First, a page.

And if you can parse phrases like that, you too could be an upper Adobe manager!
For that crowd, if they see metrics telling them something, they jump at it. If not, they don't. They produce metrics by the Imperial ton somewhere, somehow ... and they don't share with us "normal" folk.
And looking at my preceding post, I think I've spent too much time asking Adobe upper managers about things at NAB and MAX ... sigh. And reading the explanatory posts they tell me to go look at ...
I like Encore but if there are to many licensing issues Adobe could create a new software program that works a lot like Encore. I would like to be able create 4K Blu-ray discs for clients.
Their upper managers don't see the metrics indicating a 'need'. A lot of us disagree, but then ... most of the editors and colorists I know say they don't even have any optical drives on their massive rigs anymore.
A lot of us disagree,
Who is us? there is still a demand for dvd dont underestimate that.
I would like to make 4K bluray unfortunately there is but one consumer level 4K UDH authoring software but its not compatible with Premieres output files and it does not make menus. So end of story.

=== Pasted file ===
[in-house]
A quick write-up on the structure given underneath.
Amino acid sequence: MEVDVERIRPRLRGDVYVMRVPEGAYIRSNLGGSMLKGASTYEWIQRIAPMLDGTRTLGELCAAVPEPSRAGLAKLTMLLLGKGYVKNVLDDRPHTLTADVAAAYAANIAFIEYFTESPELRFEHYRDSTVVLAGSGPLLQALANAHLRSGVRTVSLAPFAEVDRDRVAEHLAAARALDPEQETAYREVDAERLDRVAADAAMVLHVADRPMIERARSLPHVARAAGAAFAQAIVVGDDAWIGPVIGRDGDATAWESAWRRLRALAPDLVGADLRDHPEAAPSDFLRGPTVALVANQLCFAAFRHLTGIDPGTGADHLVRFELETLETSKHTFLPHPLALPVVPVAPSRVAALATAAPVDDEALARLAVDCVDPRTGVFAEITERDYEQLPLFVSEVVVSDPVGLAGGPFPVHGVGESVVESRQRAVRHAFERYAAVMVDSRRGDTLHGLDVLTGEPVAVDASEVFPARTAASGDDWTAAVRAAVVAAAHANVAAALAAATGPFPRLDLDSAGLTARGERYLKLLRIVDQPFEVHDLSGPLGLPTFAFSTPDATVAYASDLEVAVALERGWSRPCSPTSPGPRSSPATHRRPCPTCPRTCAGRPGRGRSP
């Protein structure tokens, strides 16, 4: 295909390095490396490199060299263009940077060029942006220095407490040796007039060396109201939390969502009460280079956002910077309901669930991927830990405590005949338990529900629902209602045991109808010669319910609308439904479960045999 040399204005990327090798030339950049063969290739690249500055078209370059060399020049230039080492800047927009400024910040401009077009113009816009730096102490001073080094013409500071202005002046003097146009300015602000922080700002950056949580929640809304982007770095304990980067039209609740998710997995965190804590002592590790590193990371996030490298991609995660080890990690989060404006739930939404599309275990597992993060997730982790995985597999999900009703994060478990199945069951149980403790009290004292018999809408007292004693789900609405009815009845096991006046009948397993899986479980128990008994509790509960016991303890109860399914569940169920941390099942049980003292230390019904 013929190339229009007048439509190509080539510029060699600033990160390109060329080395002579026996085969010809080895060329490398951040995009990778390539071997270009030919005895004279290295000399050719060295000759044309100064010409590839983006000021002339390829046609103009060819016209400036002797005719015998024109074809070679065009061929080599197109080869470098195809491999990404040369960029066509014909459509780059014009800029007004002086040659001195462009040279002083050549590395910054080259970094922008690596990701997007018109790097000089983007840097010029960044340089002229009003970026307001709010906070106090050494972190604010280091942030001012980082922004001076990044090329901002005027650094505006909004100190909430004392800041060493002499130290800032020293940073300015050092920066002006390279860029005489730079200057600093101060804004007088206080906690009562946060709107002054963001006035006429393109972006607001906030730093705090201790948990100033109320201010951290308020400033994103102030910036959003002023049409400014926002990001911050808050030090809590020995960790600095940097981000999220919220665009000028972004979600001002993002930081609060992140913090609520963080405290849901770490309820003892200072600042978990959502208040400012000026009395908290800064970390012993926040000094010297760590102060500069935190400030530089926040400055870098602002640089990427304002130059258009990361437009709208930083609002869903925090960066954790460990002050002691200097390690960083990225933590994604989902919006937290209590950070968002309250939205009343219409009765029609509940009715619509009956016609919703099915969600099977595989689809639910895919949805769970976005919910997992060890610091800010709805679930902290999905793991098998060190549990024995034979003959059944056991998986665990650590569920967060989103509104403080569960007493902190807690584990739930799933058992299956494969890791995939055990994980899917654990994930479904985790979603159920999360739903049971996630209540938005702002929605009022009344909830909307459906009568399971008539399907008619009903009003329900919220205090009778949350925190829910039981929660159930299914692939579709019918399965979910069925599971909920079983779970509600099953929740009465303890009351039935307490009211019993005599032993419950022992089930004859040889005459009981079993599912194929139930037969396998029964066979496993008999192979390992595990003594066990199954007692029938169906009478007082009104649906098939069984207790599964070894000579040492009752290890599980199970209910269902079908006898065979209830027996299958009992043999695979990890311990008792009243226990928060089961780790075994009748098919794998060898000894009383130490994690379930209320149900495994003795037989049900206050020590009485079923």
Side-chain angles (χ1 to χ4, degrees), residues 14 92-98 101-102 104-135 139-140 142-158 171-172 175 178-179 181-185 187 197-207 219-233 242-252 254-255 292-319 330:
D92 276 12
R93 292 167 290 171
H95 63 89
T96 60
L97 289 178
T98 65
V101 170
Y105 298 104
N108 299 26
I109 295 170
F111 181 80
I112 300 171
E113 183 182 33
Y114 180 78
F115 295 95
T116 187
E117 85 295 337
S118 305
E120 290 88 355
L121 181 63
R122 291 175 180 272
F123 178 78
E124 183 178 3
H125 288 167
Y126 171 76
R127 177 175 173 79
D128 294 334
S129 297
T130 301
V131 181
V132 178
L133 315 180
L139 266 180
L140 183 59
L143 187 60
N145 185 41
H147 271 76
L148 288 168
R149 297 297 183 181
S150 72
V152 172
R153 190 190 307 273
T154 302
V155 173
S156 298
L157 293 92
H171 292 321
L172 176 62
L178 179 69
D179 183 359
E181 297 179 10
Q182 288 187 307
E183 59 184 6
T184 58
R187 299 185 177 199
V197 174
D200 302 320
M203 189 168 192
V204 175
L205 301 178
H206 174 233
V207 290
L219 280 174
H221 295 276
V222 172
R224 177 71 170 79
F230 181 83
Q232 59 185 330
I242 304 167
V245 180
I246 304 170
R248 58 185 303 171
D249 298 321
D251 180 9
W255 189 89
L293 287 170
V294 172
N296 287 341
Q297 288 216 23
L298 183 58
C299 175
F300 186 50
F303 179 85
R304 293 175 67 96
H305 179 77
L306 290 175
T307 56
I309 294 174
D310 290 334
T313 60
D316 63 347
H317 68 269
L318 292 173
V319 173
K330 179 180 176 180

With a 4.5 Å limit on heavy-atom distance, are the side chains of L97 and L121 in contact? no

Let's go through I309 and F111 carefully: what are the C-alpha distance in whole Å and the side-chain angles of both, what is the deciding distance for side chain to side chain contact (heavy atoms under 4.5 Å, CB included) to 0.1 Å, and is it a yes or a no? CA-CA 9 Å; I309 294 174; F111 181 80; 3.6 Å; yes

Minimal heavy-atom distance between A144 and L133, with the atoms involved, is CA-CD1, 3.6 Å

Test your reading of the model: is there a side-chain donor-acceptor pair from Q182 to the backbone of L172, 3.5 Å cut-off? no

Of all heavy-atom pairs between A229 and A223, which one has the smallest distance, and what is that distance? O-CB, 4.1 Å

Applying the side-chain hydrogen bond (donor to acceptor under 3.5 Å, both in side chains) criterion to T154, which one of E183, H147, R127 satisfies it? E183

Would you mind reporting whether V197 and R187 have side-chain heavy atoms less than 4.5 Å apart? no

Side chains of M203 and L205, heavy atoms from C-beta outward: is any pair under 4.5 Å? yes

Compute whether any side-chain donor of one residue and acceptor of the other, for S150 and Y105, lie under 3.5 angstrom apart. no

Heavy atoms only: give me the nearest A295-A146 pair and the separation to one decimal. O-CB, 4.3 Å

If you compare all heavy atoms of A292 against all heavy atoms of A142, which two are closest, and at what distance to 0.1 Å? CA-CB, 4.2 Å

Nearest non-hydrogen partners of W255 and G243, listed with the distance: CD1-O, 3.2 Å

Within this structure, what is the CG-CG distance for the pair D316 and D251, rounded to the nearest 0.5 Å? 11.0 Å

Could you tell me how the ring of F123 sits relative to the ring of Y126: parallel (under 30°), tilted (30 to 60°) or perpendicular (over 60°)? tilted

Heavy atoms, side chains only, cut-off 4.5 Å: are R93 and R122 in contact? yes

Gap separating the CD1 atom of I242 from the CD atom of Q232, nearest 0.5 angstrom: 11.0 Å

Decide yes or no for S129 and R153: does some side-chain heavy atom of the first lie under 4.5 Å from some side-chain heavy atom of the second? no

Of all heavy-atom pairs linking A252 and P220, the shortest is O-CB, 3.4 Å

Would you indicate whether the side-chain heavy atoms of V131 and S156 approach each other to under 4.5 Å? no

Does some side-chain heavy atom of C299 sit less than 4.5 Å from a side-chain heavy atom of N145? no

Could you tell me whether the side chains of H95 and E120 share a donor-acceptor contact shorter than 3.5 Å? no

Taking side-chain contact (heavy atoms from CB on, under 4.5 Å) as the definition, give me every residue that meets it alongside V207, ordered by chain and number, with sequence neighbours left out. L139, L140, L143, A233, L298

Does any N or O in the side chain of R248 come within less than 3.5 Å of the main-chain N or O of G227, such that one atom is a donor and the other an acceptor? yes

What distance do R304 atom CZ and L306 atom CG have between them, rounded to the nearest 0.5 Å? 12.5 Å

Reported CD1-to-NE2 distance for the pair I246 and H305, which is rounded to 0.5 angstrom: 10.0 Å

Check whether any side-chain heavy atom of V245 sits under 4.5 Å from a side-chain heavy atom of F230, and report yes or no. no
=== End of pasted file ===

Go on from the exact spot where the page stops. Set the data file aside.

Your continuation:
You should know that I would love if they had a B-R/DVD authoring program. I've certainly said so around here a lot!. Which is why I said a lot of us disagree with the management.
Ahhhhh took ik the wrong way....
Maybe it would cost to much money to create something as complex as Encore but we need a DVD/4K Blu-ray authoring solution. DVD and Blu-ray authoring gets mentioned in the FCPX forums, Edius forums, Premiere Pro forums, Avid forums etc. There has to be money to be made from an inexpensive DVD/Blu-ray solution. I say bundle it with Premiere Pro but make FCPX, Edius and Avid users pay for it.
@Andy (and everyone)
The myth that it would cost too much to develop is utter nonsense.
As I keep saying, the original AuthorCore is almost certainly up for licensing again now that Scenarist LLC own their tools again, having bought back after the disastrous corporate sellout from Sonic Solutions to Rovi, who IMO had only bought Sonic in order to close them down as Rovi's main market is streaming on Demand (or the SOD model as I like to call it).
The biggest problem for starting from scratch as a developer is the cost of being a licensed developer, and without being a licensed developer you cannot create BDCMF replication masters and you cannot sell BD-R in any form as Blu-ray, because according to Sony (who own the format) it is non compliant product.
So the answer is to license an authorcore, just as Adobe did with Encore.
I hear the comments about the insane metrics and agree completely that anybody who bases serious decisions based on what an algorithm tells them should be decreed clinically insane, as no algorithm is better than the assumptions used & the programmers who wrote it. And all too often these things are done specifically to output a desired answer as opposed to what is reality.